The plight of the many affected people and countries prompted a widespread humanitarian response. In all, the worldwide community donated more than $7 billion (2004 U.S. dollars) in humanitarian aid. The hypocenter occurred between Simeulue and mainland Indonesia.


Tuesday, August 3, 2010

2010 Haiti earthquake

2010 Haiti earthquake
Quake epicentre and major cities affected
Date16:53:10, 12 January 2010 (−05:00) (2010-01-12T16:53:10−05:00 21:53:10, 12 January 2010 (UTC) (2010-01-12T21:53:10Z)
Magnitude7.0 Mw
Depth13 km (8.1 miles)
Epicenter location18°27′25″N 72°31′59″W
Countries or regions affectedHaiti
Max. intensityMM X
TsunamiYes (localized)
Casualties92,000 - 230,000 deaths (6th deadliest earthquake)

The 2010 Haiti earthquake (Haitian Creole: Tranblemanntè 2010 nan peyi Ayiti) was a catastrophic magnitude 7.0 Mw earthquake, with an epicentre near the town of Léogâne, approximately 25 km (16 miles) west of Port-au-Prince, Haiti's capital. The earthquake occurred at 16:53 local time (21:53 UTC) on Tuesday, 12 January 2010. By 24 January, at least 52 aftershocks measuring 4.5 or greater had been recorded. An estimated three million people were affected by the quake; the Haitian Government reported that an estimated 230,000 people had died, 300,000 had been injured and 1,000,000 made homeless. They also estimated that 250,000 residences and 30,000 commercial buildings had collapsed or were severely damaged.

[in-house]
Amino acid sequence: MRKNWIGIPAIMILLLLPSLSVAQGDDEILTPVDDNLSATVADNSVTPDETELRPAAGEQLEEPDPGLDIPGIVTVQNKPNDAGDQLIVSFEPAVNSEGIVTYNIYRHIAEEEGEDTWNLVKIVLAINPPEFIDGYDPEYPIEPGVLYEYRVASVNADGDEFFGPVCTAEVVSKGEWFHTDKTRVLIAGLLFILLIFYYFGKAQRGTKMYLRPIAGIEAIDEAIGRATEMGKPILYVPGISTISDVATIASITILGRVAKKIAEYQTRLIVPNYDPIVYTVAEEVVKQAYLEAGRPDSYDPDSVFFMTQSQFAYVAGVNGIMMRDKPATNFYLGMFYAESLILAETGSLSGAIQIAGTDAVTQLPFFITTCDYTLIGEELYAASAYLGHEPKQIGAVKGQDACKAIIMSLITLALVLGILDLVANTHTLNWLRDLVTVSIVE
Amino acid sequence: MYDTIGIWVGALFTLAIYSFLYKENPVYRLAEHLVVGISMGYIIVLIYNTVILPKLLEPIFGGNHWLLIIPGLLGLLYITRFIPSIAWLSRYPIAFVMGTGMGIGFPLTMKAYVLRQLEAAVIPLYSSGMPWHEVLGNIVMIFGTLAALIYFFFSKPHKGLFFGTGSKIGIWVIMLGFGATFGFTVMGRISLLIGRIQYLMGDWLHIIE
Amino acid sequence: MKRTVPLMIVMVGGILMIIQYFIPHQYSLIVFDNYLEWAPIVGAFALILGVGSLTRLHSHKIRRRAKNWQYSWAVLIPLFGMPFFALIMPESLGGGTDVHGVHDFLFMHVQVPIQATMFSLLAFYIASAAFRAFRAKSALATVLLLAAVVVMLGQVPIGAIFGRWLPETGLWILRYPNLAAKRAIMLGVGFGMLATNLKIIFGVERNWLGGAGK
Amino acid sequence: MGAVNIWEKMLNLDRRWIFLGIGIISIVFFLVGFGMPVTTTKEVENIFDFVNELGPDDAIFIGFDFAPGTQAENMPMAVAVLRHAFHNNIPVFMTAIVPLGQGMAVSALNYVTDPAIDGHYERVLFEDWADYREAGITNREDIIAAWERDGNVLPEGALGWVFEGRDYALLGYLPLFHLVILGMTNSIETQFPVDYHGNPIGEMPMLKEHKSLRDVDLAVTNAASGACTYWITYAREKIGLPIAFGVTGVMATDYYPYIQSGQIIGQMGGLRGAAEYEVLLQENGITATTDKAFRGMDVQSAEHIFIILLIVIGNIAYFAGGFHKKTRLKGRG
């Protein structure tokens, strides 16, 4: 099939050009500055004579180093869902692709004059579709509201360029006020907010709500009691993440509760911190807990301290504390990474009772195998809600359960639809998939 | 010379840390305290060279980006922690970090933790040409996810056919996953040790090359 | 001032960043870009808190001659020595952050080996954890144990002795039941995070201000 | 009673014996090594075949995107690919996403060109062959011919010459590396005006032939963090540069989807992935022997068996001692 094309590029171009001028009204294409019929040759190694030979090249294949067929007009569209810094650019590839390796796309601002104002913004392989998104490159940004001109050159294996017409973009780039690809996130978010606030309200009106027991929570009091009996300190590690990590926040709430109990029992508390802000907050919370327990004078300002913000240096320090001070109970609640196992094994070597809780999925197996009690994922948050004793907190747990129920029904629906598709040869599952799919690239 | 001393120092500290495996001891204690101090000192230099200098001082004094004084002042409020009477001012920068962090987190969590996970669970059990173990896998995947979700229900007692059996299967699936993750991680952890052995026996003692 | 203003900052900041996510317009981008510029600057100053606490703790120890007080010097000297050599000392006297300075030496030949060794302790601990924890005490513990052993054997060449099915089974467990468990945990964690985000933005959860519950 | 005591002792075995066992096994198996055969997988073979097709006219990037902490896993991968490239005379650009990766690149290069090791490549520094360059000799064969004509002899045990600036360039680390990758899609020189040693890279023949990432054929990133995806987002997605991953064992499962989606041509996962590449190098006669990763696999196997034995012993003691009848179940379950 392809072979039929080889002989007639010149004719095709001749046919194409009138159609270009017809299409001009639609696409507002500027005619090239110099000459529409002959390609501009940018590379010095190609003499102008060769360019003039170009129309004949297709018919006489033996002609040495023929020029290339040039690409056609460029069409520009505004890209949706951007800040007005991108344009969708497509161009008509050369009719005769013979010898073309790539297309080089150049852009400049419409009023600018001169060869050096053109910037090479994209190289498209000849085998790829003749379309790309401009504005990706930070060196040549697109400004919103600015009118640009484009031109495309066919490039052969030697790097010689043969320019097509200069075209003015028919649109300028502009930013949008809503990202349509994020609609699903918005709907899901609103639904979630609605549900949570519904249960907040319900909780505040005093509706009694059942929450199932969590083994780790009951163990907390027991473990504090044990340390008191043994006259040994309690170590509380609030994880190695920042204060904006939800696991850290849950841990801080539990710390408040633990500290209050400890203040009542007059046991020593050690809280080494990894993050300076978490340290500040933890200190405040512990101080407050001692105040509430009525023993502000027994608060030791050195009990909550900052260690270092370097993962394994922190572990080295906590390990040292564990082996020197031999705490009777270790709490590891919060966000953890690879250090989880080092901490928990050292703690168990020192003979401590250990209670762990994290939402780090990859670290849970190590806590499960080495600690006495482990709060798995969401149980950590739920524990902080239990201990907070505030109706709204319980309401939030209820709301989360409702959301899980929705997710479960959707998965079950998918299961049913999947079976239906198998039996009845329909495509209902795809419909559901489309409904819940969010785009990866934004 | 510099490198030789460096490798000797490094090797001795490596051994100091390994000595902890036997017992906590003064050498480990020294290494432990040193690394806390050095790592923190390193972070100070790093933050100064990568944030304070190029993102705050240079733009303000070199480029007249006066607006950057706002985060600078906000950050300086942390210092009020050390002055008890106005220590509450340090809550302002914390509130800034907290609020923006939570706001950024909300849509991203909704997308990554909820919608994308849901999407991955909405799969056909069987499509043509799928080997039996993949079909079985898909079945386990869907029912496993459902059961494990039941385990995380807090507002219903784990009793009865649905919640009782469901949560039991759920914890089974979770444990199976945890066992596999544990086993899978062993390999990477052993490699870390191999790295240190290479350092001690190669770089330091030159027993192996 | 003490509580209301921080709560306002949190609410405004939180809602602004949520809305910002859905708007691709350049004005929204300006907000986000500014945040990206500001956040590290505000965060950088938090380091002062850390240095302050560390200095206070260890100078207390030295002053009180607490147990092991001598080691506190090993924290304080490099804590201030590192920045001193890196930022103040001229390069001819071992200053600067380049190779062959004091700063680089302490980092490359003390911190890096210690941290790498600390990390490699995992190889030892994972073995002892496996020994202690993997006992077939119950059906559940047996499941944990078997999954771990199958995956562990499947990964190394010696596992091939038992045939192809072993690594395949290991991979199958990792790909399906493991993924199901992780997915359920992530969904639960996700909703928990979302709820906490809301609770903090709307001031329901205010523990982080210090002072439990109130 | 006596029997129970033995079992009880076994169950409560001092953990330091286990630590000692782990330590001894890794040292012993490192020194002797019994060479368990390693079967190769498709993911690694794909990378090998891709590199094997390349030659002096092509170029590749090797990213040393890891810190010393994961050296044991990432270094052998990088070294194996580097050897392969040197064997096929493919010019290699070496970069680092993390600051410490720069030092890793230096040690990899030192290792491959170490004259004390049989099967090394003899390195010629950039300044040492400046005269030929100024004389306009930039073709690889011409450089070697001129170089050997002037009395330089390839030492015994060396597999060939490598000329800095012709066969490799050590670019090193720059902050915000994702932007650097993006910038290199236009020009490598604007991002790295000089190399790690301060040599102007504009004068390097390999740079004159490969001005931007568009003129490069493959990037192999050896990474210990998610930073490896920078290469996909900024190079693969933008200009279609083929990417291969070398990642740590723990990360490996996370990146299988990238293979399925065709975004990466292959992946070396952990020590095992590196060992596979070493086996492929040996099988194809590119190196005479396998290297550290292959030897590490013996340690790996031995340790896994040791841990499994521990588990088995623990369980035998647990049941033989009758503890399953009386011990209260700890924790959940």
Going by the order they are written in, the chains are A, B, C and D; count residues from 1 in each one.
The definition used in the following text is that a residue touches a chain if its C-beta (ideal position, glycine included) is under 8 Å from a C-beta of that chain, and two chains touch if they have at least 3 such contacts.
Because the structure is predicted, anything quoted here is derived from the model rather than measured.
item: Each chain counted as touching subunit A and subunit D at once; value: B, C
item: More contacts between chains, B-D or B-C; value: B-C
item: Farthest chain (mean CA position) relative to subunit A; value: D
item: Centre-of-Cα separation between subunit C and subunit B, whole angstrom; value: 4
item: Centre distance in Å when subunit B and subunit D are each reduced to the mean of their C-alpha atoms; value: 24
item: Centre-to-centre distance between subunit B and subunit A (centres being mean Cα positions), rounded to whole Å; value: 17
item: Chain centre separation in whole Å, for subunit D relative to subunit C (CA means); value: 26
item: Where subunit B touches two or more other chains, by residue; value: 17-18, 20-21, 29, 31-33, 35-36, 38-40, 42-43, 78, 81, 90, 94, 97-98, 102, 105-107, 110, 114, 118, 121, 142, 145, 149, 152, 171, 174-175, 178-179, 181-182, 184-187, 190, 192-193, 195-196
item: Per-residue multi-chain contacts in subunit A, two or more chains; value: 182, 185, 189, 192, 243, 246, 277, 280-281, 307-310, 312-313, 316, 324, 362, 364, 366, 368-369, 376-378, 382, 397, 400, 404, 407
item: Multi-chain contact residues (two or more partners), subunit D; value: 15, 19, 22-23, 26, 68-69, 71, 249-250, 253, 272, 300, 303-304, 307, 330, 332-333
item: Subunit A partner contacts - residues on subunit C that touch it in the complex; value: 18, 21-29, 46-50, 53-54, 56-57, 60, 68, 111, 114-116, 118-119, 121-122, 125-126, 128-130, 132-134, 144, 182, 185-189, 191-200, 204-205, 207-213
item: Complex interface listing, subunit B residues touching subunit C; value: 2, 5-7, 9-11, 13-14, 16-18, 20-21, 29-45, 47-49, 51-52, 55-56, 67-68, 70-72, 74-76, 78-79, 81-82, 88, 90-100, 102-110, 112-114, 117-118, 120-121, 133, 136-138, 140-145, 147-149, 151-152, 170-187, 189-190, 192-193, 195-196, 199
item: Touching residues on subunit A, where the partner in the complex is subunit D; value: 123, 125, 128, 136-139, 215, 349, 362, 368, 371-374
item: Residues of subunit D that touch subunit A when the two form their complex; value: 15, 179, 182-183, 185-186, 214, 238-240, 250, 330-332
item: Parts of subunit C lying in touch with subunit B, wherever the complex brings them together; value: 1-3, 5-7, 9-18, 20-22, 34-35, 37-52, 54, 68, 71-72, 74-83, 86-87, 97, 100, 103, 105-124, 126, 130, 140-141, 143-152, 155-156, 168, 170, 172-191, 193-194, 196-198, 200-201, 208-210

The earthquake caused major damage in Port-au-Prince, Jacmel and other settlements in the region. Many notable landmark buildings were significantly damaged or destroyed, including the Presidential Palace, the National Assembly building, the Port-au-Prince Cathedral, and the main jail. Among those killed were Archbishop of Port-au-Prince Joseph Serge Miot, and opposition leader Micha Gaillard. The headquarters of the United Nations Stabilization Mission in Haiti (MINUSTAH), located in the capital, collapsed, killing many, including the Mission's Chief, Hédi Annabi.

Many countries responded to appeals for humanitarian aid, pledging funds and dispatching rescue and medical teams, engineers and support personnel. Communication systems, air, land, and sea transport facilities, hospitals, and electrical networks had been damaged by the earthquake, which hampered rescue and aid efforts; confusion over who was in charge, air traffic congestion, and problems with prioritization of flights further complicated early relief work. Port-au-Prince's morgues were quickly overwhelmed with many tens of thousands of bodies having to be buried in mass graves. As rescues tailed off, supplies, medical care and sanitation became priorities. Delays in aid distribution led to angry appeals from aid workers and survivors, and looting and sporadic violence were observed.